Bailed-out Dutch bank ING (ING) said that it would begin paying out dividends next year — a promise that boosted its stock in early morning trading.
Execs said that the bank would doll out dividends beginning in 2015, with a payout ratio of at least 40%. Wall Street cheered the announcement, with analysts quickly pushing solid predictions for the bank’s long-term future.
The payout would be ING’s first since its all-but-financial-collapse after the 2008 global finance crisis in which the bank required government intervention to help stabilize.
Before the payouts would begin, however, the bank needs to pay back some 1.03 billion euros ($1.4 billion) worth of bail-out aid. Officials said this would happen by May of 2015.
“Now that we are in the end stage of the restructuring, with our divestment program and repayment of the Dutch state almost complete, we are proud to be in a position to look ahead to the future,” said Chief Executive Ralph Hamers in a statement.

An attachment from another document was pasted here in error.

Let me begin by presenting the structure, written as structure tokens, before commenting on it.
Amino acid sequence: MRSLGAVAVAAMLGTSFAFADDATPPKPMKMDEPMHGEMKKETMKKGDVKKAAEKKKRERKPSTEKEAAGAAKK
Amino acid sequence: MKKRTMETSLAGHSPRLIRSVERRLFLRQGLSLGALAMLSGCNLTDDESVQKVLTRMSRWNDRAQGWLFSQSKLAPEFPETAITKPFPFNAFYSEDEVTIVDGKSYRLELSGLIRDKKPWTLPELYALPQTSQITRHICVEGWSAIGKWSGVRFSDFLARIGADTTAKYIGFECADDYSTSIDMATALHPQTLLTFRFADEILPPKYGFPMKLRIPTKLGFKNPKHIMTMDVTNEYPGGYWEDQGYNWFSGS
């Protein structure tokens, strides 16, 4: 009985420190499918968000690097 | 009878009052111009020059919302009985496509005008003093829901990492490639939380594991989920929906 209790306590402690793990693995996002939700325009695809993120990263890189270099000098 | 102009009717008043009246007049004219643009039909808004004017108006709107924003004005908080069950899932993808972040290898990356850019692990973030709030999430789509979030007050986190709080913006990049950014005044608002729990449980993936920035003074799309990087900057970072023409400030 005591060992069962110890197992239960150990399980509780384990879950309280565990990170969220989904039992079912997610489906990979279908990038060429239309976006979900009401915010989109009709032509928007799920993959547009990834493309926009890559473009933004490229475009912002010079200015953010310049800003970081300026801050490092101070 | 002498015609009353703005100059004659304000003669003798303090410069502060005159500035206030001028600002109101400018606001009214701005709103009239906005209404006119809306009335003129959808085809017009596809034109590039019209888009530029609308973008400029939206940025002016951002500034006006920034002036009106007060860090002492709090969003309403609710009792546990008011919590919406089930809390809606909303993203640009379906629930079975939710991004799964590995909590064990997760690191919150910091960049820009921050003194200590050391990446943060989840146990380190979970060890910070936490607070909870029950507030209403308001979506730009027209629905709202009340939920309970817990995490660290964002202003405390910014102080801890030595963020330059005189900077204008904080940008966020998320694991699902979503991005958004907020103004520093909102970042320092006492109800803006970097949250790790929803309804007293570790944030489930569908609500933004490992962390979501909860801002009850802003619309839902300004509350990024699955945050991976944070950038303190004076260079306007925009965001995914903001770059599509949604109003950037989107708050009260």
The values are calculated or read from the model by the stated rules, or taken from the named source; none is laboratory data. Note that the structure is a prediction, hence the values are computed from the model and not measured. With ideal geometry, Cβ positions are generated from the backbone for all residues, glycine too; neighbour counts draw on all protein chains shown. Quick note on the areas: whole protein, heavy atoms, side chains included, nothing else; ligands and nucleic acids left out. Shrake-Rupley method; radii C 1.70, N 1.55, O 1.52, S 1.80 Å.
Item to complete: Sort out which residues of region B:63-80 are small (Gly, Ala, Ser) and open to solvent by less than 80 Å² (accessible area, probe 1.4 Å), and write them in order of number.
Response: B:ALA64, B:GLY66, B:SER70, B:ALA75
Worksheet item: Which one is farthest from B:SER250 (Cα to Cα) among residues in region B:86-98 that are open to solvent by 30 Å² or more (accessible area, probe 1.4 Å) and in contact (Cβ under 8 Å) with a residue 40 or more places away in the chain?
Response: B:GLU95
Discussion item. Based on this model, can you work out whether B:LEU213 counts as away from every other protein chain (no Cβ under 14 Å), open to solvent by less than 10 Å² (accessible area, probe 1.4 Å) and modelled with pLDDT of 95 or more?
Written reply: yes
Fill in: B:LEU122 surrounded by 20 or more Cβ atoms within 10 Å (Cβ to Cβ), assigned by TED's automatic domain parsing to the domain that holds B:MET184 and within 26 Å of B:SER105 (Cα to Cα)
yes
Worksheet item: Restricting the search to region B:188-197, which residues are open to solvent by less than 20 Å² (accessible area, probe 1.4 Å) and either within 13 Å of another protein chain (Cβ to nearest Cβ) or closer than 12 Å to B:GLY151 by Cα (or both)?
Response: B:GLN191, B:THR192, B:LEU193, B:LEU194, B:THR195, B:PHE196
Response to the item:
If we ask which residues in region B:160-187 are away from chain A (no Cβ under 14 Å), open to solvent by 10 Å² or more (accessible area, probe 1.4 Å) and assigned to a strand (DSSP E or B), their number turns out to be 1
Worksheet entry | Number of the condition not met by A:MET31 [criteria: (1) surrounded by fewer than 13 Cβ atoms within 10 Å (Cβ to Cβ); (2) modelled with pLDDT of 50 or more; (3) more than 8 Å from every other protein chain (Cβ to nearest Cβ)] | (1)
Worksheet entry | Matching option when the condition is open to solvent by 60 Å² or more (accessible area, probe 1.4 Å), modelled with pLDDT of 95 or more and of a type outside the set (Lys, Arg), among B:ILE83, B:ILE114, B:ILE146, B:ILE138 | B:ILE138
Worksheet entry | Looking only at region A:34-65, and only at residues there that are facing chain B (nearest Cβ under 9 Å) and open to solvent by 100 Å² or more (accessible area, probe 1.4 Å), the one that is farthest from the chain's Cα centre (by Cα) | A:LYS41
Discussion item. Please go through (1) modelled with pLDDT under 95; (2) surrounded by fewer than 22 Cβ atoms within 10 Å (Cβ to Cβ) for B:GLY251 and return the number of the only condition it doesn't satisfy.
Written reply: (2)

[The bank] aims to grow lending by an annual 4% in the period to 2017. Cost savings and an expected drop in provisions for bad loans should lead to a return on equity, a key measure of a bank’s profitability, of 10% to 13%.
Speaking to analysts, Mr. Hamers said ING has room to expand outside its home market. He pointed to Germany, Italy and Spain, where ING has established a successful deposit gatherer through its online franchise.
Mr. Hamers also said it will keep a lid on costs and invest in information-technology to adapt to what he called a “rapidly changing banking landscape.”
That ING is back to payouts is being seen in Europe as a signal that banks have now finally returned to health after the disastrous financial collapse that led to government bailouts across the globe.
ING stock is up 98% from last year.